A team of international analysts
Credit risk management is undoubtedly among the most crucial issues in the field of financial risk management. With the recent financial turmoil and the regulatory changes introduced by Basel III, credit risk analysis and risk assessment in general have been receiving even greater attention by the Corporate and banking industry.
The ability to discriminate good customers from bad ones is a highly decisive element to be a successful player in the banking and credit industry. Predicting and mitigating default events is at the core of appropriate credit risk management and this can be greatly helped by employing suitable quantitative models, without however precluding the reliance on human expert judgment.
International financial analyzes are often interpreted differently. At FINBRAIN-ITC we are at your disposal to help you analyze your information. You will have a permanent partner, specializing in international business information.
We have a wide experience acting as credit managers a.i. in a multi-sectoral environment.
Current financing difficulties for SMEs Small- and medium-sized enterprises (SMEs1) play a significant role in their economies as key generators of employment and income, and as drivers of innovation and growth. SMEs employ more than half of the private sector labour force in OECD economies. Given their importance in all economies, they are essential for the economic recovery from the current economic and financial crisis.
The crisis has had a negative effect on bank lending. When bank lending is reduced, SMEs tend to be more vulnerable and affected than larger corporations and credit sources tend to dry up more rapidly for small firms than for large companies during economic downturns.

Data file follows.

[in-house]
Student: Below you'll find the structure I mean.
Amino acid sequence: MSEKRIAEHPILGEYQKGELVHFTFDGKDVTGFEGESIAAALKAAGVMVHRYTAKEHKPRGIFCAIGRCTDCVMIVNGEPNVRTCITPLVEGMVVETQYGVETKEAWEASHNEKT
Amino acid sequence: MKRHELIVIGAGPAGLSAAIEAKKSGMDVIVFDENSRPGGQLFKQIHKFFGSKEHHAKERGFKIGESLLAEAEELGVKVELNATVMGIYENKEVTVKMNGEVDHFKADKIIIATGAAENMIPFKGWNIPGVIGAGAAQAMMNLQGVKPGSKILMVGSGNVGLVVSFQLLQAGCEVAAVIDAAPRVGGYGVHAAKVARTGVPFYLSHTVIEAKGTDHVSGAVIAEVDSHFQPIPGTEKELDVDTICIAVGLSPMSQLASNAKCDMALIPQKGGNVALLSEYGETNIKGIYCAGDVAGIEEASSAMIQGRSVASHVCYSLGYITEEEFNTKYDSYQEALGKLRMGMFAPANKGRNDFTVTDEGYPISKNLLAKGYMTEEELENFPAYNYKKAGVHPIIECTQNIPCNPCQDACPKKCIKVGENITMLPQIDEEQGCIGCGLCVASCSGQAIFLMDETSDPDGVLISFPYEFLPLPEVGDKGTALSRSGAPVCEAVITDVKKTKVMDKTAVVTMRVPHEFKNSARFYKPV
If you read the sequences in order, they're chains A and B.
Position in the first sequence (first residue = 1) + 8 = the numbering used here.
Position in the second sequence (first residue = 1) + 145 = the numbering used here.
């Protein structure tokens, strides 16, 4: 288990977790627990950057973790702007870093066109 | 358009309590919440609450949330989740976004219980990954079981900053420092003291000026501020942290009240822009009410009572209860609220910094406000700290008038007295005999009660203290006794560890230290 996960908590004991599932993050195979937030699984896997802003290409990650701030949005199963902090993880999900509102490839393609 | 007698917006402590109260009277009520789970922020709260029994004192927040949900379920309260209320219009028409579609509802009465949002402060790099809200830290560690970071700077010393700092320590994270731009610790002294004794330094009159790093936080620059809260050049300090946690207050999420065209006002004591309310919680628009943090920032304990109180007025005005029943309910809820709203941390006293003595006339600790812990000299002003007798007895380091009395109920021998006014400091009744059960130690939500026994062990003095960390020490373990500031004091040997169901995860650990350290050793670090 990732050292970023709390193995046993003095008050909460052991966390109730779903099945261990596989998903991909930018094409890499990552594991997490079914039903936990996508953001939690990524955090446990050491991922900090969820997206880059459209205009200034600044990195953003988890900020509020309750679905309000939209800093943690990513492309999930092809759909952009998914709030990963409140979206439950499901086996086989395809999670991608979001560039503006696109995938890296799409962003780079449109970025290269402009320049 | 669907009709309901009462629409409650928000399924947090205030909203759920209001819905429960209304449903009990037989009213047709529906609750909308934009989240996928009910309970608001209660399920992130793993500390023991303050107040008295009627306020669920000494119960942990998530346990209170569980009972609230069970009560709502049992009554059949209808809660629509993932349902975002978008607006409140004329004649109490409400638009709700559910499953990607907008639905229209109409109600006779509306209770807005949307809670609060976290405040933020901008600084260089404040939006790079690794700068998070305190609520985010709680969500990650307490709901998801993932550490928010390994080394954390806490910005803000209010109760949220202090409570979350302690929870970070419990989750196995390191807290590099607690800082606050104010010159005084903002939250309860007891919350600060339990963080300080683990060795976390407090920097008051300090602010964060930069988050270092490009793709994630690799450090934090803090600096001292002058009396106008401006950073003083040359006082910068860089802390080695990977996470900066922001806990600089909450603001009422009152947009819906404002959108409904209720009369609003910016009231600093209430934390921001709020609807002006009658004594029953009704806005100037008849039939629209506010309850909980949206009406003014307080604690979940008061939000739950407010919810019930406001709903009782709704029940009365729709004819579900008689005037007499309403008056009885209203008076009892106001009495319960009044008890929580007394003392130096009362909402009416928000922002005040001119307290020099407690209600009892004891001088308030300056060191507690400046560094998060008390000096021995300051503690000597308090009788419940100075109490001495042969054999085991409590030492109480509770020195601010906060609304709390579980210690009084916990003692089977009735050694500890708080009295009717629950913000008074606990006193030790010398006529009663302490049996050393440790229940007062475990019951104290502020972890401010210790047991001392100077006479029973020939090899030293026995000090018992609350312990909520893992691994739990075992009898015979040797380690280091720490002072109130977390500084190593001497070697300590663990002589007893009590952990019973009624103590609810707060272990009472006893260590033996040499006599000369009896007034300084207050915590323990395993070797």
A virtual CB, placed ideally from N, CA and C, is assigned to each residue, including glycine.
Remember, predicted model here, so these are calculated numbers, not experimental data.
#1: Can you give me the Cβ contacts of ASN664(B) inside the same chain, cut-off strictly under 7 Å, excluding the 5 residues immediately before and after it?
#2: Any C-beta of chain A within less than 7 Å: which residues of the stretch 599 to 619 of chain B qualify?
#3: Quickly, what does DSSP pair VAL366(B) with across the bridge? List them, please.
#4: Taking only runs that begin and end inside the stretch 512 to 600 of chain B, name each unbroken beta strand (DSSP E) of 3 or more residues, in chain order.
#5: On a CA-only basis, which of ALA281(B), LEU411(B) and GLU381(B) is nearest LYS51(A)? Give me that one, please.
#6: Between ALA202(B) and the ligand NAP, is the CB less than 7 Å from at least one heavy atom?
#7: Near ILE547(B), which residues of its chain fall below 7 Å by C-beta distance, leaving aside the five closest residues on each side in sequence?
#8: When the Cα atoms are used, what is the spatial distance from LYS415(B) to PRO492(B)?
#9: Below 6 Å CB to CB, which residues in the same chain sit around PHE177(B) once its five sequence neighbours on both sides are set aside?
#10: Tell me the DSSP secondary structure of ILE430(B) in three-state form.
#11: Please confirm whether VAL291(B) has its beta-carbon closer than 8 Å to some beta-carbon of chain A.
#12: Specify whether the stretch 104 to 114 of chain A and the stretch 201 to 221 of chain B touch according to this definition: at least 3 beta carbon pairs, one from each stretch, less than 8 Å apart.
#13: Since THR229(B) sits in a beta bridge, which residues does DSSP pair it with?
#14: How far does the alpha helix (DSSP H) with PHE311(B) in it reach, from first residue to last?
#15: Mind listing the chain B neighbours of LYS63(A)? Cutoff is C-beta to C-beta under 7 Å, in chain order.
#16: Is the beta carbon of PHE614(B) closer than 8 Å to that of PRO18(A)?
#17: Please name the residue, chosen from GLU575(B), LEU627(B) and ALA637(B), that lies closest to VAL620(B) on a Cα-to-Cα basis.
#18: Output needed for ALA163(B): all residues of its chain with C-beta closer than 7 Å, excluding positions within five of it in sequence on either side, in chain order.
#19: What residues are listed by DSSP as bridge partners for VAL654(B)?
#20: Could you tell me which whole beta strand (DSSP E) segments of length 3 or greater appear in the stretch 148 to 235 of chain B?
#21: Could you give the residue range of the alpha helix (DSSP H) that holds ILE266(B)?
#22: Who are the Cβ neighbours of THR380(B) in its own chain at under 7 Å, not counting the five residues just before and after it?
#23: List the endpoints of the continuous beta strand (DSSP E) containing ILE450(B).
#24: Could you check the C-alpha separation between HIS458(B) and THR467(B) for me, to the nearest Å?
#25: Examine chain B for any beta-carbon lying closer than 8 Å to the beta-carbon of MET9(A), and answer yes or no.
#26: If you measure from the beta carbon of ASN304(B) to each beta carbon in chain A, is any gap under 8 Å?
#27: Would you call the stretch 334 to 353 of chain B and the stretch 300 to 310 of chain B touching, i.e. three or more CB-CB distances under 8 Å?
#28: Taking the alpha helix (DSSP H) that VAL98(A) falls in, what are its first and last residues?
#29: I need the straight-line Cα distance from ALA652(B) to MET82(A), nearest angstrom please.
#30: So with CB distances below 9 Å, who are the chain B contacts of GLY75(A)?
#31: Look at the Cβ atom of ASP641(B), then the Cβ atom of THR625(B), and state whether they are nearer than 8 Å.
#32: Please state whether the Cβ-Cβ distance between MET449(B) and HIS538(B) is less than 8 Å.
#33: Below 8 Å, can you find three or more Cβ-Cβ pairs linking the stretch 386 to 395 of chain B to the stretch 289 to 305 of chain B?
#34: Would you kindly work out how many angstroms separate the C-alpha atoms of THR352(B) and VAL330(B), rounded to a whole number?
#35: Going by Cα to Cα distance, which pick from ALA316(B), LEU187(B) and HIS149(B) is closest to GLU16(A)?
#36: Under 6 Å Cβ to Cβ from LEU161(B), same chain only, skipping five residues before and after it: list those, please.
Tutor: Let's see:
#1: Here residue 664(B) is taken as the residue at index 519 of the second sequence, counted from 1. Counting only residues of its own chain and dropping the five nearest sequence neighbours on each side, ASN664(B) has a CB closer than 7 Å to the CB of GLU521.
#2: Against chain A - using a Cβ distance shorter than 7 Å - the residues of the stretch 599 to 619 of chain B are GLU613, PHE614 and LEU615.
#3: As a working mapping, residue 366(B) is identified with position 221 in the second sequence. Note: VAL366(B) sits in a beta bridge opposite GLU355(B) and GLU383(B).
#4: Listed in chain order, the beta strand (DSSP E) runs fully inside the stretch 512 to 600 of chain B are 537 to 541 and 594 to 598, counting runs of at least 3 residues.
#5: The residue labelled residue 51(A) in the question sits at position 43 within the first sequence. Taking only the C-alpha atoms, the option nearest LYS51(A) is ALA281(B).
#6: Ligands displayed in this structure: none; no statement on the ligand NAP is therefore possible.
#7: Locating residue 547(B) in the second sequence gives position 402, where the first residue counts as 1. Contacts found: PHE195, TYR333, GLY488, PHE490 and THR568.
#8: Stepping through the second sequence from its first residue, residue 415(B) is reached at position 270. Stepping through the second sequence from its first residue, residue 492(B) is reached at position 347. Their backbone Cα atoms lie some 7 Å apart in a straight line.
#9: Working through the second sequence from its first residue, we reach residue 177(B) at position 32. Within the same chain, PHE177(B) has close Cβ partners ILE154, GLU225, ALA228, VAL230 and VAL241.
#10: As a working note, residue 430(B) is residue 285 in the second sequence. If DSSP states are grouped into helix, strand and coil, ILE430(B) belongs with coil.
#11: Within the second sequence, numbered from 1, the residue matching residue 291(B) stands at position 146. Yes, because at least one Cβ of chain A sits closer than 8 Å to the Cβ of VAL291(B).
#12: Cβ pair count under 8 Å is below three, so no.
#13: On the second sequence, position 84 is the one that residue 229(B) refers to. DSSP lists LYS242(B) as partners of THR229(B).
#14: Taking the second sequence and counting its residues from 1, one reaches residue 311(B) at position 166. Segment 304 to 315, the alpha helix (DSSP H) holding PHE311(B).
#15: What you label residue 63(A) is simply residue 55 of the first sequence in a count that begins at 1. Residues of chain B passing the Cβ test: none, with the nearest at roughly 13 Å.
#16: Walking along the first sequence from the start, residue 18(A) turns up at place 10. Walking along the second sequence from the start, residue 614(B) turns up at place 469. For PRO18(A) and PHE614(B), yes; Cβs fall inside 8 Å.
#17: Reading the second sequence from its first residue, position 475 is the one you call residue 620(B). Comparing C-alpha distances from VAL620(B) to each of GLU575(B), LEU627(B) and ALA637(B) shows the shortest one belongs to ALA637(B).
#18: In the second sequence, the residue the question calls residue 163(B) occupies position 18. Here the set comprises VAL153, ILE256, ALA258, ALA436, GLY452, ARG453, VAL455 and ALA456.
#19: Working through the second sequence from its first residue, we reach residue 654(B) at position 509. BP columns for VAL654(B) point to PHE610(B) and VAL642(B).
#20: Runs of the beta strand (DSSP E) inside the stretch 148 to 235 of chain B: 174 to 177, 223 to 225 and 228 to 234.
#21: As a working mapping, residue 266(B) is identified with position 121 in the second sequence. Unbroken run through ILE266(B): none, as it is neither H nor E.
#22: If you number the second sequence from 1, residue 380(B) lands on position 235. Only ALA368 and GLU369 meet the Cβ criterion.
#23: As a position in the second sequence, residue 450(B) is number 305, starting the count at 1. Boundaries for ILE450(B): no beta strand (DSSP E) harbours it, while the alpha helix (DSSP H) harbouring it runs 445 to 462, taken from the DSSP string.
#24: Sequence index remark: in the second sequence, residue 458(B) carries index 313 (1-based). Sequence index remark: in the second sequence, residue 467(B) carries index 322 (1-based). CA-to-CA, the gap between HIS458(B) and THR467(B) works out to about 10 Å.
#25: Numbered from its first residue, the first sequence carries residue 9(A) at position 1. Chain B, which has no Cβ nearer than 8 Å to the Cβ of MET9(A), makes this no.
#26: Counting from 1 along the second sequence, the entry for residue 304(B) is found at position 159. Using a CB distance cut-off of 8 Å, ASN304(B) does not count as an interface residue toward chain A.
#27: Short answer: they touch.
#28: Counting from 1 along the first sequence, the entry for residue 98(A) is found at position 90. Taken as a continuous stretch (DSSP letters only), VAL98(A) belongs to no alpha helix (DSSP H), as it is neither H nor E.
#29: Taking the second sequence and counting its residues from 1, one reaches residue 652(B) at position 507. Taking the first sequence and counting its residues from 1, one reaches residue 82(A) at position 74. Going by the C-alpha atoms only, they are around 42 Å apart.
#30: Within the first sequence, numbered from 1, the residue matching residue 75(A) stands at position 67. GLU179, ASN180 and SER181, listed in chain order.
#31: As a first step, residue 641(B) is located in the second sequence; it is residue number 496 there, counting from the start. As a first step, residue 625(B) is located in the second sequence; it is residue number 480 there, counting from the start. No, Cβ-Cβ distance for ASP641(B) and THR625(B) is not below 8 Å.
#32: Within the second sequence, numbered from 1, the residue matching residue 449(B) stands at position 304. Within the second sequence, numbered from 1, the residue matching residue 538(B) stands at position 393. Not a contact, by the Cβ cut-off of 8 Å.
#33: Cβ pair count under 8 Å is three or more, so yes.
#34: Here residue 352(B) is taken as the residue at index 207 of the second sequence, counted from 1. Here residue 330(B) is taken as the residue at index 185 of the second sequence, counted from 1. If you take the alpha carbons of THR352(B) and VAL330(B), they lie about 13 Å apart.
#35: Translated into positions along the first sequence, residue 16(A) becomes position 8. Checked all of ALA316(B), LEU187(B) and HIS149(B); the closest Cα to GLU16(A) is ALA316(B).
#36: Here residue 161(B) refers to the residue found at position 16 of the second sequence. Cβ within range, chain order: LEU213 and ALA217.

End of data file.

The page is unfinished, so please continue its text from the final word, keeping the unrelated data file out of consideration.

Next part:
Specifically, we will help you to:
- Apply a structured approach to assess the creditworthiness of a borrower;
- Evaluate the performance of a company based on qualitative and quantitative frameworks and tools;
- Use appropriate market indicators, where available to understand refinancing risk and the market view on a credit;
- Identify the key factors that drive a company’s future performance and evaluate the likely impact on its credit standing;
- Use a cash flow approach to ascertain a company’s ability to service/refinance its debt as it comes due;
- Review debt structures to assess to what extent they meet the commercial needs of the borrower and protect the lender’s interests.
The European Union provides a clear assistance. BEI_presentation_n._3 (SMEs). This is available in different forms such as grants, loans and, in some cases, guarantees. Support is available either directly or through programmes managed at national or regional level, such as presented in the next EIBs presentation. BEI_presentation_n._4
SMEs can also benefit from a series of non-financial assistance measures in the form of programmes and business support services. We will be pleased to explain.
Cash conversion cycle
The Cash conversion cycle (CCC) measures how long a firm will be deprived of cash if it increases its investment in resources in order to expand customer sales. It is thus a measure of the liquidity risk entailed by growth.
The (DIO) Days Inventory outstanding gives an indication of the average period for which you have your merchandises in stock.
The (DPO) Days Payable outstanding gives an indication of the average period in which you pay your suppliers
The (DSO) Days Sales outstanding gives an indication of the efficiency of your credit management
The Cash Conversion Cycle (CCC) is calculated as follows: DIO + DSO – DPO = CCC
In other terms, we add the number of days that a customer takes for making his payment to the number of days you have kept the product in stock. This amount will be reduced by the number of days you have taken on the supplier credit conditions. The number of days obtained is the period during which you will have to provide funding.